Across the UK women served at home and abroad to ensure the success of the allied forces. Many, like Dr Elsie Inglis, left for the western front to care for the wounded. In the munitions factories, as we have heard, many working-class women undertook hazardous manufacturing work. In fact, in the second world war, my father’s sister, my Auntie Mary, worked in the Currans munitions factory in Cardiff. In the first world war there were 11 munitions factories in Wales alone, and by the end of the war 80% of the workforce in those factories were women. It is a myth that women were not in paid work before the first world war. Many, like my own relatives, worked in service before getting married. Many of the women who worked in the munitions factories transferred their aprons working in service to work in overalls in the munitions factories. In that dangerous and dirty work, they found both a way to contribute to the war effort on the home front, and for many, for the first time, a way to earn a significant and stable independent income.

The percentage of women in paid work increased from 24% at the outset of the first world war to 37% by 1918. In 1917, 20,000 women joined the Women’s Land Army across the UK. In my constituency, the Green Farm became what is now the very large housing estate of Ely. That subject is quite topical in some ways, as the estate was part of the drive to build homes fit for heroes after the first world war. As a farm during the war, it was predominantly run by female farmhands. One of the workers, Agnes Greatorex, who left domestic service to work there, said:

“Every morning, we would get up at five o'clock and milk a hundred cows. We would then take the milk to Glan Ely Hospital,”

where many of the injured soldiers returning from the war were looked after. For many, such work was taken on in addition to the weight of domestic work. Although many men went to fight, women often became the breadwinner at home, bearing the brunt of the increased emotional and domestic labour of running a house and caring for a family. We should also remember that others served at home, but not in the armed forces. Like my grandfather, Edward Evans, they were not allowed to be conscripted in wartime because they worked in the coalmines, but they made their contribution serving at home. My grandmother, Gwellian Evans, worked in service and then domestically supported her husband.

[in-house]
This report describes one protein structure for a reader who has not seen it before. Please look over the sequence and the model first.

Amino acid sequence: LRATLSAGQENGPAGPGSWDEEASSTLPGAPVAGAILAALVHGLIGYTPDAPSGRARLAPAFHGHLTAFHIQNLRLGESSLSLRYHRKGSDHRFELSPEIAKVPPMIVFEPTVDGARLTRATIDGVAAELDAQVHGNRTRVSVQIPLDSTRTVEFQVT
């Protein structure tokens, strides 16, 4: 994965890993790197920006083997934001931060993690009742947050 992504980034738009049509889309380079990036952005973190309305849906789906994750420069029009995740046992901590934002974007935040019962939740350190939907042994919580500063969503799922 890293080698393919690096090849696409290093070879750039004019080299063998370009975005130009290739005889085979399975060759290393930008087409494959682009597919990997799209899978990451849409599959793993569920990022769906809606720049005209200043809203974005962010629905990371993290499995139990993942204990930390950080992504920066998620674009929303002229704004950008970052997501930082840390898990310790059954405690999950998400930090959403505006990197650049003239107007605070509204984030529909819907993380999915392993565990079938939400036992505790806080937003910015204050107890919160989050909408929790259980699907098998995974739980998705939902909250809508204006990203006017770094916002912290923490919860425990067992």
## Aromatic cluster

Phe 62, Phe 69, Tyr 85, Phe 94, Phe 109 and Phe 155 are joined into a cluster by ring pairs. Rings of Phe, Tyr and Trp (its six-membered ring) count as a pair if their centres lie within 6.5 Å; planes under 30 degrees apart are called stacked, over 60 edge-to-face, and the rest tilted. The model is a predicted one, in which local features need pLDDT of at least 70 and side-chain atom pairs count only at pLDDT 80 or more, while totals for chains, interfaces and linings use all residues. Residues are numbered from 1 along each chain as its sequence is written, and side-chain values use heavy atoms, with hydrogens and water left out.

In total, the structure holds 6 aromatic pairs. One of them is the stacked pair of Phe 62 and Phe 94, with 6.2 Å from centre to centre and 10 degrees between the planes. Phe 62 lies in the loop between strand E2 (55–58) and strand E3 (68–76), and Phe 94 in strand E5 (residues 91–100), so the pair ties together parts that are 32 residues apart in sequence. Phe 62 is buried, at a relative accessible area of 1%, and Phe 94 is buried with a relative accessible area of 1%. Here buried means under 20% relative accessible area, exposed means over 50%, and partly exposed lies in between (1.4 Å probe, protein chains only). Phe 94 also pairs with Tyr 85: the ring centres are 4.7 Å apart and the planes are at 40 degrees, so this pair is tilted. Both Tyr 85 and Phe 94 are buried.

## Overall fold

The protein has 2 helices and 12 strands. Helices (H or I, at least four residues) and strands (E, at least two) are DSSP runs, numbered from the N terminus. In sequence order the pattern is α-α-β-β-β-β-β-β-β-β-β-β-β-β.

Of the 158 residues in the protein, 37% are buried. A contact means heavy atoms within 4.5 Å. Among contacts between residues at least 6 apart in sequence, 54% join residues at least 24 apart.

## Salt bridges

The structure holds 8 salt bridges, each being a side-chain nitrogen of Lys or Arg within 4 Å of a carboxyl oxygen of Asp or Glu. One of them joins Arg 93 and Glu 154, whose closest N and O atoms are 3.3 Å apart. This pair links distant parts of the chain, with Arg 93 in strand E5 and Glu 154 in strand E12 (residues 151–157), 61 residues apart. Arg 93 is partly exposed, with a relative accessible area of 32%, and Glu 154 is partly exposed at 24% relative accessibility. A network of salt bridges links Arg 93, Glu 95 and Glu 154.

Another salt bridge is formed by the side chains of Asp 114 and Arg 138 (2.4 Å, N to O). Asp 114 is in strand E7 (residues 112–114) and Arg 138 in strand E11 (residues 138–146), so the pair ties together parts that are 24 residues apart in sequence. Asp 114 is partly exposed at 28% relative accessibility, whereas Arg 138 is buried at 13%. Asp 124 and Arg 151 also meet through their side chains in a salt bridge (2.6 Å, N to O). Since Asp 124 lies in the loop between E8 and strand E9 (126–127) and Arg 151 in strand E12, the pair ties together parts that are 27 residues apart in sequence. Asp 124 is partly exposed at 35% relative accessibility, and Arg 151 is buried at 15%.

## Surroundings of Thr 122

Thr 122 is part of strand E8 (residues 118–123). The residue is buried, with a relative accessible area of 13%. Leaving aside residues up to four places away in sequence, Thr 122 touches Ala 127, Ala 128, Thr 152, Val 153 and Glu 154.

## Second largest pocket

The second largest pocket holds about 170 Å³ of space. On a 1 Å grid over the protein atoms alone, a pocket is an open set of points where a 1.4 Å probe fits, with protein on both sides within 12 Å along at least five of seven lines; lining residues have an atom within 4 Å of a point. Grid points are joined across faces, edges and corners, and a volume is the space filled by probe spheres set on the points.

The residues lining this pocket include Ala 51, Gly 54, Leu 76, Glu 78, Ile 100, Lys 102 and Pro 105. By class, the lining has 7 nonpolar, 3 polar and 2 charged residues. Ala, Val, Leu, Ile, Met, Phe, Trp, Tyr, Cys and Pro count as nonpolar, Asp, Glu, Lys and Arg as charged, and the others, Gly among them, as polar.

Women such as Dr Elsie Inglis and Agnes Greatorex are a part our history, and we owe them a huge debt. I should also mention some prominent women from Wales. Gwendoline and Margaret Davies are better known as philanthropists in the arts, but they worked with the French Red Cross in canteens and organised convalescent hospitals and transit camps on the frontline. Annie Brewer, a military nurse from Newport, spent the war in France and won many medals for her courage. One citation applauded her

“coolness and total disregard of danger, lavishing her attention on men wounded under fire”.

That sums up some of the incredibly brave contribution made by women on the frontline during the war.

A poster during the first world war depicted a woman wearing overalls and said:

“On her their lives depend.”

Our tributes today make that same message abundantly clear. It is no coincidence that the centenary commemoration of women’s suffrage closely follows that of the first world war. As we know, the suffragettes largely suspended their organising during the war in order to concentrate on the war effort. In the end, the crucial contribution of women to the war helped change the perception of women in the UK, and in November 1918 women over the age of 30 were given the right to vote.

Given Dr Inglis’ commitment to women’s suffrage, it is particularly poignant that, as my hon. Friend the Member for Edinburgh South reminded us, she died a year before the passage of the Representation of the People Act. It is a great injustice that despite her historic sacrifice for our country, she never had the opportunity to cast a vote in an election to this place.

Before I close on the topic of women in the first world war, it is right to consider how these issues continue to play out today. Women’s work—their physical, professional and emotional labour—remains often underappreciated and underpaid. Of course, women play a vital frontline role in our armed forces today. We have come a long way since 1918, but it remains all too common that the contributions of women are underplayed, so I am pleased that this debate today has shone a spotlight on the accomplishments and sacrifices of so many historic women, from extraordinary actions to daily perseverance. I warmly welcome the WomensWork100 programme, which will launch in 2018 through the First World War Centenary Partnership. I thank all the organisations involved for their hard work throughout the commemoration period, in particular the Imperial War Museum.